As COVID-19 reemerges, gripping Europe again, the newly resumed night train service linking Paris and Vienna has hit a logistical snag days before it could have chugged full steam ahead. On its maiden voyage Monday, the train had no paying passengers onboard.
The return of night trains to the continent carries a symbolic weight as efforts have been made to shift travel from the air back to rail as Europe intends to meet its climate change commitments.
But as the train, following the route of the legendary Orient Express, pulled out of Vienna's train station on Monday evening, it was mostly empty except for a delegation of officials and media.
“There should have been lots of people,” said Ibrahim Wade, an attendant incharge of a sleeping cabin car, holding a list of absent passengers. “It's due to the health situation.”
The night trains operated by Austria's national rail firm Austrian Federal Railways (OBB) under the Nightjet brand offer regular seats, as well as simple and more comfortable sleeping cabins.
Some of the more luxurious berths have a private shower area, while other passengers have to wash up at the end of the train compartments.
Towels are provided, as is breakfast, but there is no Wi-Fi and the heating doesn't always work.
“We're clearly targeting business travelers with the night train,” said Kurt Bauer, chief of long-distance trains at the OBB.
The service is also aimed at tourists who prefer traveling long distances by rail. Salzburg, the city of Mozart, is along the route, so are Strasbourg and Munich.
“Our clients are more and more sensitive to environmental aspects, particularly the young,” said Jean-Baptiste Guenot, an executive with French rail company SNCF.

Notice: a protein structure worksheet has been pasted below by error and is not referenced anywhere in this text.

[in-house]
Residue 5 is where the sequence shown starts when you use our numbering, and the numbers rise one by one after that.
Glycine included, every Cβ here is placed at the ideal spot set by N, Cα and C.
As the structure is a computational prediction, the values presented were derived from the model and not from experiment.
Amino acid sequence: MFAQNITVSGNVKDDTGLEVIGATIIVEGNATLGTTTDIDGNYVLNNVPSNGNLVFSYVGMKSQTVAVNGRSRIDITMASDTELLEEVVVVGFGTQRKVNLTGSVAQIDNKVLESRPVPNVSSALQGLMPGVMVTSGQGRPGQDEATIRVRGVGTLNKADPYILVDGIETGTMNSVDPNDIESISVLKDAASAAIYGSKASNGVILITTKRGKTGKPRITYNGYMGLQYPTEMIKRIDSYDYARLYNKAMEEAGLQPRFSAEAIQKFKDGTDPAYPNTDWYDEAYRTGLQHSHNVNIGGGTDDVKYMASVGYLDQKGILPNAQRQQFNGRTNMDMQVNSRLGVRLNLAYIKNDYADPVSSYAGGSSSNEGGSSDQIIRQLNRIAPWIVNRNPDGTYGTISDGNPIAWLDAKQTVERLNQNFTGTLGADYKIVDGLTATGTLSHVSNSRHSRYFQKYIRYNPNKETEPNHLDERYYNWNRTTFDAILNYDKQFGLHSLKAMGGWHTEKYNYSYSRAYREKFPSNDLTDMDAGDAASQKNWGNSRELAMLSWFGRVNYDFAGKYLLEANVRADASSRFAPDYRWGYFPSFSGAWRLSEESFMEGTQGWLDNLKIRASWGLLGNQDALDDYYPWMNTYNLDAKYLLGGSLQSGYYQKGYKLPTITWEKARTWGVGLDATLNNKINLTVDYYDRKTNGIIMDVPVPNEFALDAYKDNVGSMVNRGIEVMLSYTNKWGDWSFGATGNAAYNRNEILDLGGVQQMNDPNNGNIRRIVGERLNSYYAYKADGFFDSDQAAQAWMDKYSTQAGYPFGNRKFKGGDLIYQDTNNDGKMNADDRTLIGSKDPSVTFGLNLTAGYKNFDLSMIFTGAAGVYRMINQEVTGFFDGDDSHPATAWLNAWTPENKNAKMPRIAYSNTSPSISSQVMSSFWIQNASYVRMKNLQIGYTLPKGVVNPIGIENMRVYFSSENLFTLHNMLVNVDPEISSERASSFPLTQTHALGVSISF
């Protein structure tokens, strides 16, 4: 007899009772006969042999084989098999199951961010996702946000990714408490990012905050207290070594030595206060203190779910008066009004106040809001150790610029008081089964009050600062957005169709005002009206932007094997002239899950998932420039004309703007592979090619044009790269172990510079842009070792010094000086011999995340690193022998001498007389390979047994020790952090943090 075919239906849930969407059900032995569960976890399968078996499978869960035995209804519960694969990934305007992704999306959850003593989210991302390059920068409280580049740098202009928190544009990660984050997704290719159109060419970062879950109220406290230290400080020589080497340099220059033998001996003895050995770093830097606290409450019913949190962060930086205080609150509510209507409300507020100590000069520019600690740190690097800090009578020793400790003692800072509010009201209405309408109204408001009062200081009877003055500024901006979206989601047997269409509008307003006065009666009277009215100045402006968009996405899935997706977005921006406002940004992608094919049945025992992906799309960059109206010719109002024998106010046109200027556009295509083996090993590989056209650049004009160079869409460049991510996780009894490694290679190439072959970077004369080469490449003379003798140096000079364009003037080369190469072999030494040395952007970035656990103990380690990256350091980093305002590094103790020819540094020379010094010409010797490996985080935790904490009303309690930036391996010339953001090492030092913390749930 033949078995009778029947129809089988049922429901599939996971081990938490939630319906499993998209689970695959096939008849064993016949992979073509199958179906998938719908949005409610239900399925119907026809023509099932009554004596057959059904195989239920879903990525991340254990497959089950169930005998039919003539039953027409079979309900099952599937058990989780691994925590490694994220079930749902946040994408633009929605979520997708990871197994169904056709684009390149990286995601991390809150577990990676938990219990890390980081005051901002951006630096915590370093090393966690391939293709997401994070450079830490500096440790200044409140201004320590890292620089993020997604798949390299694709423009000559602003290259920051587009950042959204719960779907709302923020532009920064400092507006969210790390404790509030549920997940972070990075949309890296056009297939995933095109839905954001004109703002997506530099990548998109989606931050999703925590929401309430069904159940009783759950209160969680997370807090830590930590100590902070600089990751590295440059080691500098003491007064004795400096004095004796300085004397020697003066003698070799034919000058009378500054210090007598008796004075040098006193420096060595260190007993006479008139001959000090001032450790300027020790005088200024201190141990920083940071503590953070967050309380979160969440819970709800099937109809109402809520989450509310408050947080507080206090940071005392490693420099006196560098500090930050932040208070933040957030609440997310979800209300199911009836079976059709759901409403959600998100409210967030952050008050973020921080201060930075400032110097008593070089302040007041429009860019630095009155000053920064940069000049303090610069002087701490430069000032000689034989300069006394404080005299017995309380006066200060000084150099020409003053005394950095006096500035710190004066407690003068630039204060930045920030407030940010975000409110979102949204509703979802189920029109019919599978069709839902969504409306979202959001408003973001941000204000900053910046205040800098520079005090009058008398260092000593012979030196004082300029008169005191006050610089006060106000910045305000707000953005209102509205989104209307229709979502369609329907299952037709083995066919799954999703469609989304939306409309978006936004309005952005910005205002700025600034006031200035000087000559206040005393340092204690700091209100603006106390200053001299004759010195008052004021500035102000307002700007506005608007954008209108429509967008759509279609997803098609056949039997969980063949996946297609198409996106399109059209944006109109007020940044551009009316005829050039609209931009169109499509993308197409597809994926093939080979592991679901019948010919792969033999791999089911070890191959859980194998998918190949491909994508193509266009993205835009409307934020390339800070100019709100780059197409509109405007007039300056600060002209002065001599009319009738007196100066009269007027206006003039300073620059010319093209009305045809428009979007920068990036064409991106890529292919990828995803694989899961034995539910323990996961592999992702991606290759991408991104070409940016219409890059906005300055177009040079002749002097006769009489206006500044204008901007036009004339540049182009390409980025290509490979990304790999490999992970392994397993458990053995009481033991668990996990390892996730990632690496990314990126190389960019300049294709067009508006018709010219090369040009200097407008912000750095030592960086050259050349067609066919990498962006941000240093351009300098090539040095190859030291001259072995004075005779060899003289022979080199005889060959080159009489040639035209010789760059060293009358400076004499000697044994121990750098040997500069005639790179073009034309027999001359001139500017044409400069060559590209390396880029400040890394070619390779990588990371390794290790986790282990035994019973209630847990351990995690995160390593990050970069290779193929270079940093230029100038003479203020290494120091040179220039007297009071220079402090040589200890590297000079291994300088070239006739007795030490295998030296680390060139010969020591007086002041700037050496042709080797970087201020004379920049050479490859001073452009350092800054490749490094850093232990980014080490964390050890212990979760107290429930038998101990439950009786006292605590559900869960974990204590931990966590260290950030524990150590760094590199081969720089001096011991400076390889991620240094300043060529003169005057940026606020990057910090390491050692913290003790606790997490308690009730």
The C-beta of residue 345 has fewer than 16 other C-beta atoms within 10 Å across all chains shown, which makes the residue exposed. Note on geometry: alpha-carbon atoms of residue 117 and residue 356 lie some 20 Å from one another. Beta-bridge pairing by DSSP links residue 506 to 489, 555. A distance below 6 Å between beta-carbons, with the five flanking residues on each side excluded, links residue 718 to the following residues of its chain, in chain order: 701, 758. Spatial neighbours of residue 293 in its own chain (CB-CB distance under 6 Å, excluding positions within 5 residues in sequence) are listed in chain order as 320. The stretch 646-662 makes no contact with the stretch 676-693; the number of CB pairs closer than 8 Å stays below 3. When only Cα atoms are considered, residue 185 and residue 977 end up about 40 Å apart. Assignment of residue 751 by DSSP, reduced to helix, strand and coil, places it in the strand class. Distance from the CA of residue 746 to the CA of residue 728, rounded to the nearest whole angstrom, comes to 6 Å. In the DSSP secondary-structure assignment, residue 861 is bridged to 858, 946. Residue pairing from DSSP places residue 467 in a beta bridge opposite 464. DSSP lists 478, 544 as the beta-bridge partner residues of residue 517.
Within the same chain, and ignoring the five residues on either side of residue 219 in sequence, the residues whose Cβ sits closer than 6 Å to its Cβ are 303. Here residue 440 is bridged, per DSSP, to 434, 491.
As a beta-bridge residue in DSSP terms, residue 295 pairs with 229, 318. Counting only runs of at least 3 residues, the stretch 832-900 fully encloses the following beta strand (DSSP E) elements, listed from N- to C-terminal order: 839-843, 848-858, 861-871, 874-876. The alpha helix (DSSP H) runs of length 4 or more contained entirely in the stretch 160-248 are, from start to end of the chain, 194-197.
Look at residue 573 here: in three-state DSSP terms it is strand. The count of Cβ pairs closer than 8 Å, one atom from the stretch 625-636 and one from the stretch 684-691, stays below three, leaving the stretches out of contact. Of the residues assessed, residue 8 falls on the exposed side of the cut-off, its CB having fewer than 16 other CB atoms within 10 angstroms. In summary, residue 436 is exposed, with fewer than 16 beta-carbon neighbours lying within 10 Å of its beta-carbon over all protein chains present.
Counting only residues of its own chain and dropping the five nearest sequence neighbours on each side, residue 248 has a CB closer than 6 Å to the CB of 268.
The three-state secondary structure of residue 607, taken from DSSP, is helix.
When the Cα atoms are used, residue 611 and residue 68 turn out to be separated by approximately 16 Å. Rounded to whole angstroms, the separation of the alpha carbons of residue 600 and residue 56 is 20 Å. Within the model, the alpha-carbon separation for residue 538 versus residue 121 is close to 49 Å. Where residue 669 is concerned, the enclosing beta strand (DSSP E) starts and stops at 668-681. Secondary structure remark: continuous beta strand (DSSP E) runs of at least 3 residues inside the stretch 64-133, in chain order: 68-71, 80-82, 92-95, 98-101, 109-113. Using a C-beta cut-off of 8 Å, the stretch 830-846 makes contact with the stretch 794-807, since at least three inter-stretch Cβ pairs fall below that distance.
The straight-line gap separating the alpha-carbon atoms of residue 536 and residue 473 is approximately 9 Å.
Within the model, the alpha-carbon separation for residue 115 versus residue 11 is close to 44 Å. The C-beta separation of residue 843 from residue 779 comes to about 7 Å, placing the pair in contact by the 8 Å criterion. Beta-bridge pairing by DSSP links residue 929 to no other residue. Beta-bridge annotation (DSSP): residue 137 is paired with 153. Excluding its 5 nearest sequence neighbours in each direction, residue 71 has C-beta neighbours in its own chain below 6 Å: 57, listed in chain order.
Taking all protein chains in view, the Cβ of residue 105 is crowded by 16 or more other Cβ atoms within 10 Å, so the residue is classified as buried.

The low-cost airlines made the Orient Express obsolete more than a decade ago, and air travel is preferred for long distances than trains.
The train can be price competitive for those who book their tickets early, but it really sets itself apart on environmental grounds.
A trip by air emits about 10 times the amount of carbon dioxide than a train.
Vienna has become the European capital of night trains since the OBB in 2016 began investing in reviving the segment that train operators were abandoning.
Paris, a top tourist destination, was a clear choice for the OBB as there was no direct rail service linking the "city of love" and Vienna since the Orient Express stopped connecting the two cities in 2007.
Currently, three trains in a week will make the 1,400-kilometer (870-mile) run between the two cities.
Nightjet plans to launch a Paris-Berlin service next, and at the end of 2023, it hopes to have night trains between Berlin, Brussels, Paris and Vienna link up.
Nightjet is also planning to create a Zurich-Barcelona route with Geneva and Lyon along the way.
The French government is considering to start night trains to link Paris with Barcelona, Copenhagen, Madrid, Rome and even Stockholm.
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